I’m On YouTube

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Hey YouTubers! I’ve decided to join the party and have created my own YouTube channel. So far it’s mostly clips from my webinars, such as the sample above (available for purchase in my store) but I’ve also put up a drawing demo, my own animation commentary on a Popeye cartoon, and a couple of other odds and ends.

I’m not really sure what exactly I’ll be doing with the channel or how often I’ll be posting. If you want to find out with me, head on over and click “Subcribe”.

My First Ever Drawing Demo Video

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I’ve just completed my first-ever YouTube drawing demo video. Back when I was raising funds on Kickstarter for the Pose Drawing Sparkbook, I promised my backers that if we reached a certain goal I’d do a demo video, with commentary, based on a drawing prompt from the book. The prompt I chose reads: “Vending machine took their money”.

There’s a bit of a learning curve, for instance I talk too fast at first. But it was a lot of fun. Hopefully there’s something here that people will find helpful. This was sort of “test run” to work out a few kinks as I prepare my upcoming webinar, “Bringing Your Drawings To Life” (which is available for pre-order in my store).

Here’s how the finished sketch turned out:


Artists On YouTube

Here’s a few YouTube videos I’ve stumbled upon recently from some artists whose work I admire:

Dennis Jones is a phenominal illustrator. He draws very fun, entertaining cartoon characters and then paints them with a master’s eye for color and shading. Here’s a quick demo of him painting in Photoshop. View Dennis’ YouTube channel for more videos:

Here the very talented Denis Goulet posted a link he found to a quick tip about how to get more out of your Faber-Castell PITT brush pens:

Caricaturist Joe Bluhm discusses his process while painting Bill Murray:

Finally, Stephen Silver demonstrates a “memory sketch”. Memory sketching is a challenging exercise where the artist stares at a subject for a few moments (no drawing, just observing) and then later sketches the pereson from memory:

Stephen teaches a terrific class on character design over at schoolism.com. I took the class myself and I learned a great deal. Highly recommended!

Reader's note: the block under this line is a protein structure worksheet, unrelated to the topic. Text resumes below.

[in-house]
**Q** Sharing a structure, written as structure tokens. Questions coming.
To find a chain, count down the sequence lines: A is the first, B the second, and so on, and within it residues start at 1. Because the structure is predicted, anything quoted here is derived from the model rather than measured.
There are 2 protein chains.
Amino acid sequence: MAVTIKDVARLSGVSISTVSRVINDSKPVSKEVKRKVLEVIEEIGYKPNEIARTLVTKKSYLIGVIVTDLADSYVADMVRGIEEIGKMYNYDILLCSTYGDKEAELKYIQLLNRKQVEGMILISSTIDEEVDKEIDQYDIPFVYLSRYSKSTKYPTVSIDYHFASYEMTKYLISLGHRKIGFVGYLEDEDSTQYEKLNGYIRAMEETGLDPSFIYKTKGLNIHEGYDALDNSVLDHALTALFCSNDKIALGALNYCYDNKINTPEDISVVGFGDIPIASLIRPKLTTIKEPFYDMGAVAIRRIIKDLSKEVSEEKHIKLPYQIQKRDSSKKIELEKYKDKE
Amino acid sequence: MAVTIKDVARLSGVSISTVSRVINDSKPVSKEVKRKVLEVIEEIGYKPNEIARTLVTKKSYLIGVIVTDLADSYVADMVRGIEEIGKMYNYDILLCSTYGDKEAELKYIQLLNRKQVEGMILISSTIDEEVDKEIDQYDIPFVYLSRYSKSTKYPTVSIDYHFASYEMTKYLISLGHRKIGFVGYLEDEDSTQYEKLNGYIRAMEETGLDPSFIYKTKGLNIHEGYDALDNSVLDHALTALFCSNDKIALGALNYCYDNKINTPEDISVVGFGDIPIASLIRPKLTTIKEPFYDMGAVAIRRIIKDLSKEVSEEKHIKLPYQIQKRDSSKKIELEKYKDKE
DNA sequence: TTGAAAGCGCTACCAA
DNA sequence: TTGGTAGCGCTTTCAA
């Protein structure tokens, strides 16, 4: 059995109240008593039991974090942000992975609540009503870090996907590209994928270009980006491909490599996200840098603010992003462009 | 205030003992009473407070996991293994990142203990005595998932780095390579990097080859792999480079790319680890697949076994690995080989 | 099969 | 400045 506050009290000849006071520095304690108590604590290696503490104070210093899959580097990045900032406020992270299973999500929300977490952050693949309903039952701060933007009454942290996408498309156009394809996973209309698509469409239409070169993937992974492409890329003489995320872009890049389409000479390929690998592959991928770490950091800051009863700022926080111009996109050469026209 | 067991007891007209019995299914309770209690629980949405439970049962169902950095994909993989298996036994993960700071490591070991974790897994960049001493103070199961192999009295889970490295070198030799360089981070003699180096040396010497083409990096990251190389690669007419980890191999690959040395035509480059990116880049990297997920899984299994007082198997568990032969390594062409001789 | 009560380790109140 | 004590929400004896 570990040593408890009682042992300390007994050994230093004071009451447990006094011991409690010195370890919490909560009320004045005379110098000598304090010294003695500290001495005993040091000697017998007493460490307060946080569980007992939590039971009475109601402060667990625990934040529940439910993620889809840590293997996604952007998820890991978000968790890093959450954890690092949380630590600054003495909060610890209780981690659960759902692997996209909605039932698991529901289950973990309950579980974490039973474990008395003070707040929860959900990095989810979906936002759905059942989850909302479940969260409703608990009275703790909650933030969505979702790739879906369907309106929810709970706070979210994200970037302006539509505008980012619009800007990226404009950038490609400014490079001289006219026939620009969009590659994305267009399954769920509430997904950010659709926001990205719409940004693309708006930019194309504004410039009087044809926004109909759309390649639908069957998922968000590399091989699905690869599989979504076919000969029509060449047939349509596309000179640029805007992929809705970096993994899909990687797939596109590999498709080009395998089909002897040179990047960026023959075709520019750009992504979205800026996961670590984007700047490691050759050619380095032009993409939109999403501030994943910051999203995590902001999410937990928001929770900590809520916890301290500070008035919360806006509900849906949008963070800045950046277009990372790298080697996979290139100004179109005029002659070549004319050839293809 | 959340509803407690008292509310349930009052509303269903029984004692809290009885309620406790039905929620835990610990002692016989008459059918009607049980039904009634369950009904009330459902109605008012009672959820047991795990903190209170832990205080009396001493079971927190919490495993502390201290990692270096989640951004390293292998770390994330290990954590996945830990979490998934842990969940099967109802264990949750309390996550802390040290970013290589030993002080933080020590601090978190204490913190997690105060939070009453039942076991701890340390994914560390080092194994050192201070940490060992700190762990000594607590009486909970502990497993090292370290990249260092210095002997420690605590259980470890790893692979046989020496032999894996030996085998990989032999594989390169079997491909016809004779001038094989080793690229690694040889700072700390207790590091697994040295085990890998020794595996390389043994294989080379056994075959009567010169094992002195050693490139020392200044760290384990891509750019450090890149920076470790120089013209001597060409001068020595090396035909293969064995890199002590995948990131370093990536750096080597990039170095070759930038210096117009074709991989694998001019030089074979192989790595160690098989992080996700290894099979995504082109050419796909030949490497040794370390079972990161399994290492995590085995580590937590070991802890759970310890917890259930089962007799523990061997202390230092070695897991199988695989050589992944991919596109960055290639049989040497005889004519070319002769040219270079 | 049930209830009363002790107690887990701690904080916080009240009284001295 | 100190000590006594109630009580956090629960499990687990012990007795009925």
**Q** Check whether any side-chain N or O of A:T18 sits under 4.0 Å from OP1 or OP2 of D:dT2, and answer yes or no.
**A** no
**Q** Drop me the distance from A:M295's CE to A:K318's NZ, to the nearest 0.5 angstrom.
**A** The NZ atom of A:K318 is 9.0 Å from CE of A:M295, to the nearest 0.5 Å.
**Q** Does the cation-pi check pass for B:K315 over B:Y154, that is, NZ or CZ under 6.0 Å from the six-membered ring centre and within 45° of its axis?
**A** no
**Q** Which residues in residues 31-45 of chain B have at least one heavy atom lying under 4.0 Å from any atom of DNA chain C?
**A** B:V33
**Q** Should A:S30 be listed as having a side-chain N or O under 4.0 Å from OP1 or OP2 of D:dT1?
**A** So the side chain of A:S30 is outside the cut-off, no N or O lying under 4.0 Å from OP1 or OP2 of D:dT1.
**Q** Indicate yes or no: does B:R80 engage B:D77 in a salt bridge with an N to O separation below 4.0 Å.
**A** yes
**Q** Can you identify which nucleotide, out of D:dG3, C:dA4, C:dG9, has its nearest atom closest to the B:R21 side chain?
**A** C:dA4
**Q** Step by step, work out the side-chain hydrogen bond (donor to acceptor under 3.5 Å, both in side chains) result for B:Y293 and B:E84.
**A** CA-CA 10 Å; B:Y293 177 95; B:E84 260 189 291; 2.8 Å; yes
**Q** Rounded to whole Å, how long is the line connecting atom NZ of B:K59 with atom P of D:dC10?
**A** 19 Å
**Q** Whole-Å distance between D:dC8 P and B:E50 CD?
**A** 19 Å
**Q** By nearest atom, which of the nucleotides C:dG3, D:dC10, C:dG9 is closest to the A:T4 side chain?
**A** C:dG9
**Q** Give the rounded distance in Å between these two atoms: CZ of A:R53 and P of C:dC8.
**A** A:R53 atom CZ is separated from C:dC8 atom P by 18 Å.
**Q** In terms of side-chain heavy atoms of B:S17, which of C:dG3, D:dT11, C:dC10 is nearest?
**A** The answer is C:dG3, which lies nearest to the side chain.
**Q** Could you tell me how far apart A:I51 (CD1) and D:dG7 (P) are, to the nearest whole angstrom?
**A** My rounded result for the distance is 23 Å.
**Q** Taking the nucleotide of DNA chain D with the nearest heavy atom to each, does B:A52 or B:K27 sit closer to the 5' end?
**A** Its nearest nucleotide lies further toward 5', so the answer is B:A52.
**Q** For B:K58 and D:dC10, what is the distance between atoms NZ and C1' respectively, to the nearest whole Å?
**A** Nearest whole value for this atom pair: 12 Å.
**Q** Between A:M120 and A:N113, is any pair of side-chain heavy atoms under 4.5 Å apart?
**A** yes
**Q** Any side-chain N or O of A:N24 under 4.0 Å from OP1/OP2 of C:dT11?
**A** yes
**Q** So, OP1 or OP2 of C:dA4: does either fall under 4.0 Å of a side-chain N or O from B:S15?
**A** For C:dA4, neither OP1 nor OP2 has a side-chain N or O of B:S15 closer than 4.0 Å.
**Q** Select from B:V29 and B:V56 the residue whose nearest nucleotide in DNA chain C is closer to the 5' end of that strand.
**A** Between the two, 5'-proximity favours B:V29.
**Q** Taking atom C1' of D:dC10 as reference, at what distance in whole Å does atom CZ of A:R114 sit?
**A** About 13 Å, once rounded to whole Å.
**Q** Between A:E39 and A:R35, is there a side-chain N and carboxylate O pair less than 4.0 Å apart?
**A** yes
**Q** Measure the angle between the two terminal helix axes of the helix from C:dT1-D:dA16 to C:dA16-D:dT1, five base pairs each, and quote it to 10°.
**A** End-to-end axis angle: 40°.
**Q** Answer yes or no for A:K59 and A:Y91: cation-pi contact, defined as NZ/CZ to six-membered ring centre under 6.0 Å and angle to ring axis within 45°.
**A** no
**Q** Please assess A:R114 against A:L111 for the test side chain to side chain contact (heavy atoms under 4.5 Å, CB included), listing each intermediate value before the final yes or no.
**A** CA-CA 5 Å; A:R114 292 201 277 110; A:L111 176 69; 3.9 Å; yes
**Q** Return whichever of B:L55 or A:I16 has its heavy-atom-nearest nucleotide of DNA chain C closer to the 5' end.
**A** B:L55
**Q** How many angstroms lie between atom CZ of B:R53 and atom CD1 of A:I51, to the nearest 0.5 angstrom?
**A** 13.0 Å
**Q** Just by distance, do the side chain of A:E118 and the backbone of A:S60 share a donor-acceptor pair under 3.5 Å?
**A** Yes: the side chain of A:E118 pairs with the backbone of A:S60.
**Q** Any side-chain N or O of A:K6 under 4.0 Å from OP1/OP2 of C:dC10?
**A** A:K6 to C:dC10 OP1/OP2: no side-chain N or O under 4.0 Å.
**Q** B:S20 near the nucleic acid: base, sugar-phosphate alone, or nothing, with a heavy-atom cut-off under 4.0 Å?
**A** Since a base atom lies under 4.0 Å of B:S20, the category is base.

Do you have any favorite YouTube artist videos that you’ve found educational or inspiring? If so, please post a link in the comments section.

Nobody Knows Anything, or How To Make The Next Big Internet Hit

Hollywood screenwriter William Goldman famously wrote that “in Hollywood, nobody knows anything”. What he meant was that nobody really understands how to make a successful film. Despite all the money and effort poured into every movie, it’s a total mystery why some films rake in mega bucks and others flop big time. If there was a secret formula to making a hit, Hollywood would crank out nothing but blockbusters. In reality most films actually lose money. Every year it’s a small handful of mega-blockbusters that keep the studios in the black.

It seems to me the same principle holds true on the internet. Every day legions of people upload YouTube videos, Flash animations, and funny pictures with the hopes of drawing the masses to their website. Advertisers are also getting into the act, spending thousands or even millions of dollars searching for the next big internet phenomenon. Everyone wants to be the next Numa Numa guy or Elf Yourself campaign. A few succeed. The majority disappear, washed under the waves in the vast internet ocean.

Nevertheless, it’s got me thinking. What types of things draw people to a website or YouTube video? What are the building blocks of internet popularity? Of course there’s no such thing as a sure-fire formula for internet success (if there was, everyone would be doing it). But it’s probably fair to say that there are at least a few common threads that run through most internet success stories.

Here’s a few off the top of my head:

1. Entertainment value. The content has to hold people’s attention and make them smile. Of course, how you define “entertainment value” is another topic altogether.

2. Interaction. People don’t want to just watch, they want to be drawn in and, if possible, play along. The latest gimmick is to paste your head onto an animated character, but it doesn’t have to be that complicated. The Numa Numa guy just had a catchy song that people could tap their feet to as they watched.

3. Surprise. Media consumers have seen it all. You have to give them something fresh and new to hold their attention.

4. Humor. Everybody loves to laugh.

5. Brevity. Our modern attention spans are getting shorter by the minute. Some of you may have already become bored with this post and moved on.

This is a short list and I’m sure there’s plenty I’ve missed. What do you think? What types of things make you want to share a website with your friends and family? Feel free to leave a comment below. I’d love to hear your thoughts.